Power, Energy & Intention Cultivation:


Master Dong’s “Phoenix Flying Exercise” is an exercise that helps to integrate the upper, lower, left and right quadrants of the body, helping to unify the body’s power, but at the same time, the nature of the exercise is to utilize the imagination and intention and thus activate the energy within the movement, rather than purely exercise the physical aspects.

The exercise helps to move the body’s centre, as the movements are channelled through the spine and central energy channel and thus help to break down the tension in the body, allowing free flow of energy throughout, therefore breaking down the “double-weightedness” which tends to restrict and block the whole body’s energy from being utilized.


If the spine and centre are unable to differentiate between each of the vertebrae, on all sides and through the centre, then the spine and thus the dantian are one block, which is double-weighted, not yin and yang in harmony (阴阳相济).


This exercise opens the spine, (the Chinese meaning for the word open means relax and gain full utelage of the area) just like a cat’s spine is able to move fluidly, smoothly, evenly, sequentially, independently and powerfully in all directions and with inherent, relaxed grace and power.


This is the idea and state we seek to acquire for our own spines within our taiji practice.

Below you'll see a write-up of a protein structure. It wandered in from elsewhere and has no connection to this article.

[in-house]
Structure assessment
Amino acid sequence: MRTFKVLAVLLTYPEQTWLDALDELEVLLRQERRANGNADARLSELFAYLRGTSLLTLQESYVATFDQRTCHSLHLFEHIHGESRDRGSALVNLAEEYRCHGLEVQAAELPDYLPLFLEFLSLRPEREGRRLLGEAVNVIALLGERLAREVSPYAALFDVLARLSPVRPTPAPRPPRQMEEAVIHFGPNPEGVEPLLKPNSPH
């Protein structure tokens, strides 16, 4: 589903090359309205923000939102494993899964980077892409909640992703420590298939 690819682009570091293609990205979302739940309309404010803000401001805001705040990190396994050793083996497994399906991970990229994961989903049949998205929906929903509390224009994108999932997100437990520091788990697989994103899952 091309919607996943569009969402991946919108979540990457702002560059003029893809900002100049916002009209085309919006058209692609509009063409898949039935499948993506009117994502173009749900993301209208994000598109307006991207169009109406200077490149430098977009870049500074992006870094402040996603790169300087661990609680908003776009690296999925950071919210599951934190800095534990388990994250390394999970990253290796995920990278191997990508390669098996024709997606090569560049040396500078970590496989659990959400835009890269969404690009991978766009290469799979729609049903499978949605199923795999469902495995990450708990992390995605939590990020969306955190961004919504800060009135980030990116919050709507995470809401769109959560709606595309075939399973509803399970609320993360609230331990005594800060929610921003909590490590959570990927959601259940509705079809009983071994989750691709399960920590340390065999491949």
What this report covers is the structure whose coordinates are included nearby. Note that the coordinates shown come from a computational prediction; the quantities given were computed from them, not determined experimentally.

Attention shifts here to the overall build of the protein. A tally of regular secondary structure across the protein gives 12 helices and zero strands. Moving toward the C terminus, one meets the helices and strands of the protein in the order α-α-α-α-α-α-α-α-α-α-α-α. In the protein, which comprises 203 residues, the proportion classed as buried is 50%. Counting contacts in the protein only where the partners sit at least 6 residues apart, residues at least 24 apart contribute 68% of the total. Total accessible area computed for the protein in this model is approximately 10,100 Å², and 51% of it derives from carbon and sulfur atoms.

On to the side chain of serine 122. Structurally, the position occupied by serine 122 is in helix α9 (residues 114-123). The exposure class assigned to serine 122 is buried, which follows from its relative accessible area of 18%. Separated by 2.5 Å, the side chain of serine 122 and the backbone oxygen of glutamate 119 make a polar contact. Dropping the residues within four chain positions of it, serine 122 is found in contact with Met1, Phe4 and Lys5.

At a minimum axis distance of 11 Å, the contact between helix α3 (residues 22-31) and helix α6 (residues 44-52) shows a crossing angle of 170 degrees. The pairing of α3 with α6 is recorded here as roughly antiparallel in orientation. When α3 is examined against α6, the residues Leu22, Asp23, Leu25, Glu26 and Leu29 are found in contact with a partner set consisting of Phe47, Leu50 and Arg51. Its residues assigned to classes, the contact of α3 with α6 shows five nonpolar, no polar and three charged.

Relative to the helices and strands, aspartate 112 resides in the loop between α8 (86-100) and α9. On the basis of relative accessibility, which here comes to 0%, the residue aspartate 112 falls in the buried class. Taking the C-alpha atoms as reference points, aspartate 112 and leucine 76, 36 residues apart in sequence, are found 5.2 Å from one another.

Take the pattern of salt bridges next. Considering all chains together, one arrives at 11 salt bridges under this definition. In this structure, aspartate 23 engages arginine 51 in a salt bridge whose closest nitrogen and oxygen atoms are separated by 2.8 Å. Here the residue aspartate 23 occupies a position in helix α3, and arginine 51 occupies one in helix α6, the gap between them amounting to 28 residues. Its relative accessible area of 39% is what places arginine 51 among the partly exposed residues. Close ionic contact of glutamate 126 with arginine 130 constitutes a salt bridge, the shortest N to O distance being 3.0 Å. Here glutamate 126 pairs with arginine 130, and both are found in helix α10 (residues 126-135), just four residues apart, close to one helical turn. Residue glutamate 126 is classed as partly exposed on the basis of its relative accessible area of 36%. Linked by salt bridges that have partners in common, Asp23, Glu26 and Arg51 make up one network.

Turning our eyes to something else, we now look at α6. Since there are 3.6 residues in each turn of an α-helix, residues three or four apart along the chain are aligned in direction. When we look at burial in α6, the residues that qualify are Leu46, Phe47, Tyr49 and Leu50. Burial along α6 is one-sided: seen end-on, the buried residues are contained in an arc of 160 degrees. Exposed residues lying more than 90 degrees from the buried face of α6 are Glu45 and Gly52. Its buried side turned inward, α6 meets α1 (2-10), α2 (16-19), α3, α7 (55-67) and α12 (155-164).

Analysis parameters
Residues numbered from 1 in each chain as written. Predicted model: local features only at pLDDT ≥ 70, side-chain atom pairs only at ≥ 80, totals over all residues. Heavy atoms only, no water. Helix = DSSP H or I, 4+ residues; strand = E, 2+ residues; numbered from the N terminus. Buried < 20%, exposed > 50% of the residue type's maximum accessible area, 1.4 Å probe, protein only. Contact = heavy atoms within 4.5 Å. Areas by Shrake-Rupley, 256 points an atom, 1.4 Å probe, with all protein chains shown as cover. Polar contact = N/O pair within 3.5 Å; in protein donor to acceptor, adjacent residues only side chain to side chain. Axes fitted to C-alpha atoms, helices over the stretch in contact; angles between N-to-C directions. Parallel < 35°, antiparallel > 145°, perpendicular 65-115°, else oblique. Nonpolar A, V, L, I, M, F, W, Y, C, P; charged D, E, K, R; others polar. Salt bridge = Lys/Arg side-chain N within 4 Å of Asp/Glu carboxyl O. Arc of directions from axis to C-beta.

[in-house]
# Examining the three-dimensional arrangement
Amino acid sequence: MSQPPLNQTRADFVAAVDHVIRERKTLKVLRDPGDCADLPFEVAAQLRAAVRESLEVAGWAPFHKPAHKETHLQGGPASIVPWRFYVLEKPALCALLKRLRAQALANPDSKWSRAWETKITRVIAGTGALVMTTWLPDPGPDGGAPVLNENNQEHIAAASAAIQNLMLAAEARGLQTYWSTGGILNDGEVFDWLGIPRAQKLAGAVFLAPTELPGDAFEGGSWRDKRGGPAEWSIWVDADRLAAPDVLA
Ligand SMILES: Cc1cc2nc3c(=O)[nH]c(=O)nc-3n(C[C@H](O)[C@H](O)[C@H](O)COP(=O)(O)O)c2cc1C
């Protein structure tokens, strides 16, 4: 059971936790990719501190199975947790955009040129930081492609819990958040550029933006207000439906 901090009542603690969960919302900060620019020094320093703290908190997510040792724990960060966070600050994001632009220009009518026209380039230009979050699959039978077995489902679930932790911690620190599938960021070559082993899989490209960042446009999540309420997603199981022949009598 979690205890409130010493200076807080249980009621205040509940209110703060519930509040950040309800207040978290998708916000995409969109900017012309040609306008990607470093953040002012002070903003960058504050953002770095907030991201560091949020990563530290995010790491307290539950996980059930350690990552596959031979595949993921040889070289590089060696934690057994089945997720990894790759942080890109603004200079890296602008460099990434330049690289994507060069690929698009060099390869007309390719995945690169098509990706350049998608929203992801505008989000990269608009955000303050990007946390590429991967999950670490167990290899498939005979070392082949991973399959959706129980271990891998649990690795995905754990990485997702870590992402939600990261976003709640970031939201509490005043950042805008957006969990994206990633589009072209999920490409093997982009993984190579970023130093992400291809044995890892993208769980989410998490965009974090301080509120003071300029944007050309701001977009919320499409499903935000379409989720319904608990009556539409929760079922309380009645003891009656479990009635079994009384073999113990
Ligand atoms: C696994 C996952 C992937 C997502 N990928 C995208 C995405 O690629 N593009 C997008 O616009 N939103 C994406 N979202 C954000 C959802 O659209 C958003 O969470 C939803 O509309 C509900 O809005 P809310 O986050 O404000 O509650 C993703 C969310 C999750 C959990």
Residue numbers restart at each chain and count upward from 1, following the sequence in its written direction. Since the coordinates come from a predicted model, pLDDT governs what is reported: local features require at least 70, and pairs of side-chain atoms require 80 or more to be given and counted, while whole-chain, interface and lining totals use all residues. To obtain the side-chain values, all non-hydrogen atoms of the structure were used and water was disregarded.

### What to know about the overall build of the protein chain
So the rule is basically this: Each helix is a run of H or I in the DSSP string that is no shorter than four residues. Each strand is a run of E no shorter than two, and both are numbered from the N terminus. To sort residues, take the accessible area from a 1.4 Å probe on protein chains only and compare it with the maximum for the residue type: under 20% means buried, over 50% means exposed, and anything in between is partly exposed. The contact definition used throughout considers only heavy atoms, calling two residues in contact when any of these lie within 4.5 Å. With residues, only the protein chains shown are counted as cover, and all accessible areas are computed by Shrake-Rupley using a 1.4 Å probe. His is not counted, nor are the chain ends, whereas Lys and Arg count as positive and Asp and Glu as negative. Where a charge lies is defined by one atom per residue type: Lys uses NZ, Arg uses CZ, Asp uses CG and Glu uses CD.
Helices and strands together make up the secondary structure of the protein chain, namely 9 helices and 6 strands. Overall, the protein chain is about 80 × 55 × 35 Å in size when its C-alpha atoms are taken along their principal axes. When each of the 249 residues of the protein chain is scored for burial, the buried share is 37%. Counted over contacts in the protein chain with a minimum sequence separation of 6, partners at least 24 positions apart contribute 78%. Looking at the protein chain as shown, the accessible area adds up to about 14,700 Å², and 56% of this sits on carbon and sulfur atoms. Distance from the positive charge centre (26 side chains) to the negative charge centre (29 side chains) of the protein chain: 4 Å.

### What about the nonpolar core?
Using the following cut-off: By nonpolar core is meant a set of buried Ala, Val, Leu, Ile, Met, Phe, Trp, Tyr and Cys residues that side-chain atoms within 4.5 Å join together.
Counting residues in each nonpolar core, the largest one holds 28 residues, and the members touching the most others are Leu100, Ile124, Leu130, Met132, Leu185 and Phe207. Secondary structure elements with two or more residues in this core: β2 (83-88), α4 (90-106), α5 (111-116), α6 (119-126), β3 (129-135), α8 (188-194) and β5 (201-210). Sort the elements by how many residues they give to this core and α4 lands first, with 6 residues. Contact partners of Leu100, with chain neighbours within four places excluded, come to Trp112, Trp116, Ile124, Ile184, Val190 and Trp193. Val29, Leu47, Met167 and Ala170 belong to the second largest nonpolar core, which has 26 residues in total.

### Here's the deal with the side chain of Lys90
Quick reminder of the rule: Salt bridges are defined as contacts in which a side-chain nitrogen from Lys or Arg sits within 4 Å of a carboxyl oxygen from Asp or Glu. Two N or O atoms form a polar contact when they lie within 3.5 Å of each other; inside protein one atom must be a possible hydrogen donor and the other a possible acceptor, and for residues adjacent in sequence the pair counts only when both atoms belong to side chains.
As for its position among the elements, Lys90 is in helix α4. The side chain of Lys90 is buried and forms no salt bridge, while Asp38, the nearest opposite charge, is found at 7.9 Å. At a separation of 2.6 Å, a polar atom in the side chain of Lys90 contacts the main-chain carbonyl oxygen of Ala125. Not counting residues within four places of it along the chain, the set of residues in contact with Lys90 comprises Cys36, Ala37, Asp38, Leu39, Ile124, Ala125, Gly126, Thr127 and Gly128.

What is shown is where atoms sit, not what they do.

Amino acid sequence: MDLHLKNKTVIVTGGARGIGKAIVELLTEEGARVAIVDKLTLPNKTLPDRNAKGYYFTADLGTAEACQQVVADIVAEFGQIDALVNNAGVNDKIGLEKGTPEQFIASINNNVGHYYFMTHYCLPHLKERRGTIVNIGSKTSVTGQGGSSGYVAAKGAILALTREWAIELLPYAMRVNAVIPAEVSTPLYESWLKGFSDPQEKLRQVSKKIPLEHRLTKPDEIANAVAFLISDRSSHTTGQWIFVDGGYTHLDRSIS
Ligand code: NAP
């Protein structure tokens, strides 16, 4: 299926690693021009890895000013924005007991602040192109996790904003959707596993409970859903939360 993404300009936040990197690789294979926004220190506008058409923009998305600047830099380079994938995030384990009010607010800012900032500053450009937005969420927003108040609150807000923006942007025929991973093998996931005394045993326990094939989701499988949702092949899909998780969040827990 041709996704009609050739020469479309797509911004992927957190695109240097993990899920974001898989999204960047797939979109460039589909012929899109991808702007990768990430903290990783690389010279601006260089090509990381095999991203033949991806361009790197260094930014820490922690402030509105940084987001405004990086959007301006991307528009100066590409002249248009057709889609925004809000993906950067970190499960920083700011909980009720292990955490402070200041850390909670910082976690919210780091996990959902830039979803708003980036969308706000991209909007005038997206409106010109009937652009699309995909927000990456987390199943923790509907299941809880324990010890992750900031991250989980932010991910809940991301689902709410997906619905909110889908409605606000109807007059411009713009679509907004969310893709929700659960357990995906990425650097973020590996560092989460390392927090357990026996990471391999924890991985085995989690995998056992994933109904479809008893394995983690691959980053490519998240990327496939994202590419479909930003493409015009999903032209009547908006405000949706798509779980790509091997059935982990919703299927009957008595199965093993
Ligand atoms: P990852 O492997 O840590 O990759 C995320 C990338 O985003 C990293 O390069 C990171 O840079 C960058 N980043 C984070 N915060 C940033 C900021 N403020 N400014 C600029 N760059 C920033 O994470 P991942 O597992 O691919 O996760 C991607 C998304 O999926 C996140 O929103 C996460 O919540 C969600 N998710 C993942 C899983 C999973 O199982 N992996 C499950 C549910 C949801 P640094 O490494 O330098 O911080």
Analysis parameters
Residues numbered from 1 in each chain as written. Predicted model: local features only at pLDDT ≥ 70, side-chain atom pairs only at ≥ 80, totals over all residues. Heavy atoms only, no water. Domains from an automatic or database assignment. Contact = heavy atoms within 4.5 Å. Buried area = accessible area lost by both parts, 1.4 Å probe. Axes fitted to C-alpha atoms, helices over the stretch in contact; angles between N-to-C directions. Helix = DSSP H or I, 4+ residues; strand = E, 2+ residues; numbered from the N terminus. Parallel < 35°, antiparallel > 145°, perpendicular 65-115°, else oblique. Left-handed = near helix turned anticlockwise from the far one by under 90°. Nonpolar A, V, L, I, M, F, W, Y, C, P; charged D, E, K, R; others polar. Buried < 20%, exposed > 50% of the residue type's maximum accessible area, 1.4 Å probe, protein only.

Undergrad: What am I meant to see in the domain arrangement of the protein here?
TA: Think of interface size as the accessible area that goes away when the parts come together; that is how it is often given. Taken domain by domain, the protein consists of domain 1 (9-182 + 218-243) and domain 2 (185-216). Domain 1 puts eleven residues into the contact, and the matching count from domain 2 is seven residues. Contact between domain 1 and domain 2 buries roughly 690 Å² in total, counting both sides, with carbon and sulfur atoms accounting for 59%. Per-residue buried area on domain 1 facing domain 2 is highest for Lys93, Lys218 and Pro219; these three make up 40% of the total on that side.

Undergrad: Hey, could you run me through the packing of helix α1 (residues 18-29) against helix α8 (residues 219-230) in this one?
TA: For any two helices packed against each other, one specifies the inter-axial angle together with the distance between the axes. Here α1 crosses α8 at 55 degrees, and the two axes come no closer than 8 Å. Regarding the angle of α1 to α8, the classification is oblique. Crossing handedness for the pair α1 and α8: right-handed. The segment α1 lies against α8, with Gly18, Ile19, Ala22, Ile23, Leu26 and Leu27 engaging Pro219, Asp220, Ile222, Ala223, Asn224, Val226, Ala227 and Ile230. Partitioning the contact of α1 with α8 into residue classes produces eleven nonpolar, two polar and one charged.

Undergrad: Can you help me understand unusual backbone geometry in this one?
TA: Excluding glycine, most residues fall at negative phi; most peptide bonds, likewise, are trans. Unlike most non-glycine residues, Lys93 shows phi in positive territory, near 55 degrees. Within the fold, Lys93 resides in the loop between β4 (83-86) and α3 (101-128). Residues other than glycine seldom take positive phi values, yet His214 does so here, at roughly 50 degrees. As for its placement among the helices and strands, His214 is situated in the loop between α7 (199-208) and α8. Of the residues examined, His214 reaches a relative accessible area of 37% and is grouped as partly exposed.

When performing the form, the breathing and yin/yang interchanges of the mind, intention, spirit, energy and power are clearly differentiated and demarcated, to ensure proper applicatory usage and utilization of the whole body’s power.




When inhaling, the mind and spirit (心 & 神)?? are gathering and concentrating, or as they say in Chinese “He – 合” which is often translated as “Closing”.

Simuntaneously, the central energy and intention (中气? & 意) are expanding and opening, or as they say in Chinese “Kai – 开” which is often translated as “Opening”.


In terms of the yin/yang differentiation with regard to the physical structure, the hands and feet are “Yang 阳 – Gang 刚”, this means they have the yang quality of “hardness” or power inherent.

This translation of “hardness” for the word “Gang” in Chinese, does not mean that the hands and feet are tense or stiff, rather it implies the power is inherent and encapsulated within, not apparent by the feeling of stiffness or hardness to the touch, but more like the kind of “hardness or power” that a tiger’s paw has.